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Words: Mat Ombler
Nazi teddy bears, a giant singing turd and whisky-chugging fire imps that shove cigarettes up their arses aren't the type of characters you would expect to see in Nintendo game. Unless you're familiar with Conker's Bad Fur Day, of course. Released 20 years ago (its anniversary being March 5th) on the Nintendo 64, it's one of the most adult-themed video games that Nintendo has ever put its name to. So, how did we get here?
Graphic cartoon violence, vulgar language, scat humour, alcohol and drug use, and some very horny characters are just some of the reasons why the game was slapped with a Mature rating in North America and a Parental Advisory sticker in the UK. With marketing opportunities somewhat limited as a result, Nintendo focused on adult publications such as Playboy and Maxim to promote the game, with condoms and fake pills given away at promo events, as well as an open bar during its E3 reveal in 2000.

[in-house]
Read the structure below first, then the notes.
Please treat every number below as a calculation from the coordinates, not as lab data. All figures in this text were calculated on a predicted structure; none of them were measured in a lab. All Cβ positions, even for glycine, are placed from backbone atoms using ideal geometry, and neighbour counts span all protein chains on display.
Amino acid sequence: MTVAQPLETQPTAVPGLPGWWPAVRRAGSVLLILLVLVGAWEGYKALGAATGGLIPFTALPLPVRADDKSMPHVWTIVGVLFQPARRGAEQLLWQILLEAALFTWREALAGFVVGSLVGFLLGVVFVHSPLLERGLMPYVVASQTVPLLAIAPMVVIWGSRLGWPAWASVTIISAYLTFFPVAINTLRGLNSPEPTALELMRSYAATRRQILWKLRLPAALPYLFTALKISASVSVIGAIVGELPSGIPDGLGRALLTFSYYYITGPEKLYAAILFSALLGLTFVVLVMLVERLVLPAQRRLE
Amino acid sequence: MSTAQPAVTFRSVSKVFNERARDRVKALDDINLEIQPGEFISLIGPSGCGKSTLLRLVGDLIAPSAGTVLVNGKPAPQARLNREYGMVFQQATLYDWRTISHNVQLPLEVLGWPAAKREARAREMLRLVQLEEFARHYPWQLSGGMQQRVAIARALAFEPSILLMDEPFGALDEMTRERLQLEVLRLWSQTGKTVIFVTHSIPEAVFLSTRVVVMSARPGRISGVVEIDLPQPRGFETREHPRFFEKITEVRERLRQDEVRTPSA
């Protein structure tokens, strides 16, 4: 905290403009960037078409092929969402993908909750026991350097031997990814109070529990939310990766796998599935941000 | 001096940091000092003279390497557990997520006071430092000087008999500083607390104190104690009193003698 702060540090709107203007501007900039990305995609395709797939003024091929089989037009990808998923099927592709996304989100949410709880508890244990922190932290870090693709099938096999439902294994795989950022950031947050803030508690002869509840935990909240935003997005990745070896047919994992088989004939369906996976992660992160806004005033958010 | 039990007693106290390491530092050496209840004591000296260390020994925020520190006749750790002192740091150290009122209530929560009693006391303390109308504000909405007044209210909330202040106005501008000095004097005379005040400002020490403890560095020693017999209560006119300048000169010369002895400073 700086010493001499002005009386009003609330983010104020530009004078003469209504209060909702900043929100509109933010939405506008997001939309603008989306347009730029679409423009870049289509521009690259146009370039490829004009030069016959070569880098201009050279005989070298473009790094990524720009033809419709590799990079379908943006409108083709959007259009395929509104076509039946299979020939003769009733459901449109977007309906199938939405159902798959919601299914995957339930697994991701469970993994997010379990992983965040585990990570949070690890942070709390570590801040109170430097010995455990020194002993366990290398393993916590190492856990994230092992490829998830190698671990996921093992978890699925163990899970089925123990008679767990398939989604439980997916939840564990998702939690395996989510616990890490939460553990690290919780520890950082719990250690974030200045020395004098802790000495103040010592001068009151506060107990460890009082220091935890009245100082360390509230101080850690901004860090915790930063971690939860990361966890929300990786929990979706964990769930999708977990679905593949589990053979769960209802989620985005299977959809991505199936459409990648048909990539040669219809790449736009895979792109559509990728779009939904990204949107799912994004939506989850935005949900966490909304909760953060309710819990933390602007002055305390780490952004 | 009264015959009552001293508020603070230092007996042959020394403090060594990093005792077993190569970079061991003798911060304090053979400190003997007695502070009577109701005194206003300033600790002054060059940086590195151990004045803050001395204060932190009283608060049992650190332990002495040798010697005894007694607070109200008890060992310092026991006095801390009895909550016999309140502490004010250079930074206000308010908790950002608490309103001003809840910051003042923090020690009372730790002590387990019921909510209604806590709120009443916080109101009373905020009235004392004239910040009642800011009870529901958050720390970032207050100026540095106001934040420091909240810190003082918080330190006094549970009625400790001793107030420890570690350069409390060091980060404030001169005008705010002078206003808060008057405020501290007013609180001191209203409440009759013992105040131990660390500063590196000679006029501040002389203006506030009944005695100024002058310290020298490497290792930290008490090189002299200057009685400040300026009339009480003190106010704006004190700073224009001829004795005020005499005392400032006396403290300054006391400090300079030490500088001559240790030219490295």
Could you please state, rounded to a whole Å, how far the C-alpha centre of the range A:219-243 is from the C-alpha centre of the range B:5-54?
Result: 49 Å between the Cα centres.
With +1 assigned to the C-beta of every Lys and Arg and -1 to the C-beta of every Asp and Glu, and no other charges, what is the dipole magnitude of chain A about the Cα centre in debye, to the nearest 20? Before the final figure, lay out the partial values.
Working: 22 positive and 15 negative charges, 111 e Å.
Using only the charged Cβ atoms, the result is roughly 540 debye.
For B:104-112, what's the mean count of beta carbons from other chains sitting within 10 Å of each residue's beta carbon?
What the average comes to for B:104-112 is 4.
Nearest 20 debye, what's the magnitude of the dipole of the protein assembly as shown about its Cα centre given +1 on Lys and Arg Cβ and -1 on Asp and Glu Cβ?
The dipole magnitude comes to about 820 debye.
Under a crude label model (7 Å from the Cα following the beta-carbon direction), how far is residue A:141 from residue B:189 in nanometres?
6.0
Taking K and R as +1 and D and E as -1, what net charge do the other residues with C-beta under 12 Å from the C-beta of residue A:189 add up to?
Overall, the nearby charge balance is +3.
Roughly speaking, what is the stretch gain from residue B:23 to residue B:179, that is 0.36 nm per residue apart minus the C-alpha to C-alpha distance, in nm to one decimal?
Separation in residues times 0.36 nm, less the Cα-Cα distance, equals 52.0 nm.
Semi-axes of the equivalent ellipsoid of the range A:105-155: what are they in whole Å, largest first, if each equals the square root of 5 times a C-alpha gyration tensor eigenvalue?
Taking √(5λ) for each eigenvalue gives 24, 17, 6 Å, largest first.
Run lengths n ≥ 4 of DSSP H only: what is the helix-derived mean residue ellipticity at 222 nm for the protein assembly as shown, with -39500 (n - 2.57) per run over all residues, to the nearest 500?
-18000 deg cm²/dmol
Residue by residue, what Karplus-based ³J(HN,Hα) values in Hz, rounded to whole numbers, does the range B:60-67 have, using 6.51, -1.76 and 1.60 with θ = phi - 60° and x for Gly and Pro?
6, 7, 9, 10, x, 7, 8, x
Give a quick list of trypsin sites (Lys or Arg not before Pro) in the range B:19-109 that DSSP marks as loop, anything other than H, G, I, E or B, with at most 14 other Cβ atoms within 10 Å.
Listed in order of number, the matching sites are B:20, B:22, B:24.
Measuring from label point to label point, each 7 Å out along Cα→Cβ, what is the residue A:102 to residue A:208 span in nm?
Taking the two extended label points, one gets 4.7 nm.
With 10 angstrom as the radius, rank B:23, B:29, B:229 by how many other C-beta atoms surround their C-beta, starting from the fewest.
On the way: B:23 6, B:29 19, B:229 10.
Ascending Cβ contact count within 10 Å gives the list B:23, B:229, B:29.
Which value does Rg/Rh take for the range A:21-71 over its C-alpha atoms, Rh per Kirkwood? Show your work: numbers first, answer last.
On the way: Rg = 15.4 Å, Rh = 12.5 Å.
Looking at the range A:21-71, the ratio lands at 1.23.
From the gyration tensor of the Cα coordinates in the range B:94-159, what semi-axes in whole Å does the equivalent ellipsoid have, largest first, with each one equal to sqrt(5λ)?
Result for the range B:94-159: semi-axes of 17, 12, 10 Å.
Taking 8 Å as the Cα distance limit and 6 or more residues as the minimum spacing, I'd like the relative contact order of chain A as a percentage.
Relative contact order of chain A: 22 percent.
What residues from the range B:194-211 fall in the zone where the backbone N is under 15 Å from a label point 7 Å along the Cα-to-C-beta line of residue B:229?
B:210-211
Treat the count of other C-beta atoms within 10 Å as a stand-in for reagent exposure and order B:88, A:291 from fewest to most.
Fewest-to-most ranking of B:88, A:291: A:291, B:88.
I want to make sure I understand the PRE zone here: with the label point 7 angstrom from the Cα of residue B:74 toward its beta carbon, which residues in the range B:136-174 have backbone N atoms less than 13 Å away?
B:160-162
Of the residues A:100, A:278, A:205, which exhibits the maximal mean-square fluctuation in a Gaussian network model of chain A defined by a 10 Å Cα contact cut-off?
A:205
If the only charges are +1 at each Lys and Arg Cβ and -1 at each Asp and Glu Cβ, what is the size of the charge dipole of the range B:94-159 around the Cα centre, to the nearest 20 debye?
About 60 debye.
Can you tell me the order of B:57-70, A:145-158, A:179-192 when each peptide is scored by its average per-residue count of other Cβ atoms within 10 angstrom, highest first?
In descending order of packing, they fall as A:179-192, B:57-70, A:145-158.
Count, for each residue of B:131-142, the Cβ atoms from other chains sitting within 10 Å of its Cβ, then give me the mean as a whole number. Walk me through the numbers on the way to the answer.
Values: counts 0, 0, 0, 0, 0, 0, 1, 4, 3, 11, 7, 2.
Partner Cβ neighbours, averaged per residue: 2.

While all of this is not-very-Nintendo behaviour, it's worth noting that the game's protagonist, a lovable but foul-mouthed red squirrel named Conker, didn't always have a penchant for booze, drugs and violence. His debut was initially planned for a 3D (and very child friendly) platformer known as Conker's Quest developed by British studio Rare, later renamed to Twelve Tales: Conker 64. But there was another 3D platformer already in development at Rare: Banjo-Kazooie.
"We saw a demo of Banjo [as] part of a big announcement, and we didn't know what it was even though they were like ten yards away in another [part of Rare]," says Chris Seavor, who was working as a designer on Twelve Tales at the time. "To our dismay, we started to realise, 'Hang on a second, aren't we making the same game here? Only theirs looks much better, plays much better, and is getting all of the press attention.'"